When a tooth becomes badly infected, it can only be saved by a root canal procedure that involves removal of the nerve and pulp inside the tooth. This “endodontic treatment” is preceded by injections of local anesthetic, after which an opening is created in the tooth’s crown and into the pulp chamber. After the pulp is removed, the chamber is cleansed and enlarged. Then, a temporary filling is set into the tooth’s crown. On the next visit, the temporary filling is removed and the root canals are filled with special rubber-like material and permanently sealed. Again, a temporary filling is set in place, which is subsequently removed when a crown is placed on the restored tooth.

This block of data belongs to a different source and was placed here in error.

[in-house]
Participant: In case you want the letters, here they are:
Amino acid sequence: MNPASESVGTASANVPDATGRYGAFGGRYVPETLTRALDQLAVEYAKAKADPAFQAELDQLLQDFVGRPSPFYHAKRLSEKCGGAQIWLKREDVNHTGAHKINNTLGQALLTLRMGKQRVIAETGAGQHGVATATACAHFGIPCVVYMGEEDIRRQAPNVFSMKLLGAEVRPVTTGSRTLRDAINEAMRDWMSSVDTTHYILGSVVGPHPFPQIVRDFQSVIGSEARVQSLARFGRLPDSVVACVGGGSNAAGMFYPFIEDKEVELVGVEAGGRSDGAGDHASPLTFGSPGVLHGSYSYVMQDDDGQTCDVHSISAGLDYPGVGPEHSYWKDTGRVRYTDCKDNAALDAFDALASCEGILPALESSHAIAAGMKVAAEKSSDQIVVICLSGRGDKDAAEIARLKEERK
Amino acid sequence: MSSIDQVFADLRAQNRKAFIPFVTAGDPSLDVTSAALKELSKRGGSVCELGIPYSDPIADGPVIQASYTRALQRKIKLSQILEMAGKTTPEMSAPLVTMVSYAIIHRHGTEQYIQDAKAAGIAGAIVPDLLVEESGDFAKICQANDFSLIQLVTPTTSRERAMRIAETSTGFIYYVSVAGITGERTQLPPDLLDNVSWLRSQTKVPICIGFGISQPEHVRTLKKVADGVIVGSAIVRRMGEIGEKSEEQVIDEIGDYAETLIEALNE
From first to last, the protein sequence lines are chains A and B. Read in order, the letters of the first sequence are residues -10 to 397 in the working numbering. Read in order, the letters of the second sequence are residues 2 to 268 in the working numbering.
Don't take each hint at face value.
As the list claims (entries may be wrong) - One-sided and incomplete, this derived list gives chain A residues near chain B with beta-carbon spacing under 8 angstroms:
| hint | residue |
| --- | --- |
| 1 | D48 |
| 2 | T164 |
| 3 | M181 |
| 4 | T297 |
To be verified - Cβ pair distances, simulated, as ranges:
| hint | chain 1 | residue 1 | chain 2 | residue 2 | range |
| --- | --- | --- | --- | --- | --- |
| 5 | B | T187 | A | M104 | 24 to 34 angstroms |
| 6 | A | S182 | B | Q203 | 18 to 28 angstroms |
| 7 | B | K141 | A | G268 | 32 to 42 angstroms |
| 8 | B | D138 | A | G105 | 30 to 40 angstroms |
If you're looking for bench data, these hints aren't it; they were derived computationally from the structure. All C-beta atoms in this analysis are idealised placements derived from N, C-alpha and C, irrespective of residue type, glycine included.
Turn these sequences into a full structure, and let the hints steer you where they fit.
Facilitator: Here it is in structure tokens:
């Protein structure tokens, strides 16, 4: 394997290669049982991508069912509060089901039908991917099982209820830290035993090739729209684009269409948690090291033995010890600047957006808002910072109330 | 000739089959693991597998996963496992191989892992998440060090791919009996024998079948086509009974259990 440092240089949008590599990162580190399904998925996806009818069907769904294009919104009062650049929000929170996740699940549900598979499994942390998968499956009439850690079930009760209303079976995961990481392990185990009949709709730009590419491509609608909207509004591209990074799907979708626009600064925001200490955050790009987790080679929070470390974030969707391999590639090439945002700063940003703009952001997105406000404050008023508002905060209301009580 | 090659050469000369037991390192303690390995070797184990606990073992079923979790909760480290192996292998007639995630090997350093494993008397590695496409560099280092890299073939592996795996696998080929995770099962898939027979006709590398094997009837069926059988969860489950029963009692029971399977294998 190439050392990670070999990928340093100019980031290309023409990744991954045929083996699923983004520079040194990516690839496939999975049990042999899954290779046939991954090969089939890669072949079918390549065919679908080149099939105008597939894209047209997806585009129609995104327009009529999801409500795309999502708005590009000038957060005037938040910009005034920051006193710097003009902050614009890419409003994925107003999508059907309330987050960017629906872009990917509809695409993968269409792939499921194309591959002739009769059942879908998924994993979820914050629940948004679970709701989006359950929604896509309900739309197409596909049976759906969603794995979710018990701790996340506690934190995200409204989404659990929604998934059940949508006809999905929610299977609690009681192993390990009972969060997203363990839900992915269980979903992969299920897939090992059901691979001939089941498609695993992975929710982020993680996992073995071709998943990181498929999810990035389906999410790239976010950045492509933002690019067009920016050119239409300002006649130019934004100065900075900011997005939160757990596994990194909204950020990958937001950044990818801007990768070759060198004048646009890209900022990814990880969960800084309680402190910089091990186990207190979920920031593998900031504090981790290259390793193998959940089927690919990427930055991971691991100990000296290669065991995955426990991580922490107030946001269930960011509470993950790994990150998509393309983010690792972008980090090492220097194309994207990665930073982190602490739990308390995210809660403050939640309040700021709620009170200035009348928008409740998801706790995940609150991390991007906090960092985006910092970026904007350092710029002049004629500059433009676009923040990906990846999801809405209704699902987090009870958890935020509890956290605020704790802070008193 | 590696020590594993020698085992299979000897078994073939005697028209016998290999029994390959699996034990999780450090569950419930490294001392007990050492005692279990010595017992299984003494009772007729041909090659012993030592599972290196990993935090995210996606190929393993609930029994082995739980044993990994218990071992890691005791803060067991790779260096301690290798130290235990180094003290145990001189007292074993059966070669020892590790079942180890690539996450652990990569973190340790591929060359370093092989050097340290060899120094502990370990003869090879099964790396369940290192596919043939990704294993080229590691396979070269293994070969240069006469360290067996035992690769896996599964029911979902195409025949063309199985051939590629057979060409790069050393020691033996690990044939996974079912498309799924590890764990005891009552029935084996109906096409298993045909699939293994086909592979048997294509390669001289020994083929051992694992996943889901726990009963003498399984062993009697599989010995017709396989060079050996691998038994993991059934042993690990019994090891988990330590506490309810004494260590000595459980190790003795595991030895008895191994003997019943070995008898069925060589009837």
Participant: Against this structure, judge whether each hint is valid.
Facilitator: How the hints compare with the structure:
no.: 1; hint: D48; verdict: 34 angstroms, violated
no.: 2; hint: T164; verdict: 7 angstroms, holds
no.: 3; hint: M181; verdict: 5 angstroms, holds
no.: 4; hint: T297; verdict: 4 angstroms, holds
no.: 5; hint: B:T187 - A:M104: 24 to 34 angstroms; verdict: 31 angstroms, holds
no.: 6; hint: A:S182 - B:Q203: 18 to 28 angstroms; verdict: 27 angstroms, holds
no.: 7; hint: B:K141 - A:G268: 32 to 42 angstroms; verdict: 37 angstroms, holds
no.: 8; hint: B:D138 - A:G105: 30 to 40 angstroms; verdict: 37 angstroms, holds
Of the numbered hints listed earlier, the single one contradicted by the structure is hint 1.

P.S. Because a tooth’s nerve serves no other purpose than to provide the sensation of hot or cold after the tooth has emerged through the gums, its removal with root canal treatment alters neither the tooth’s health nor its function.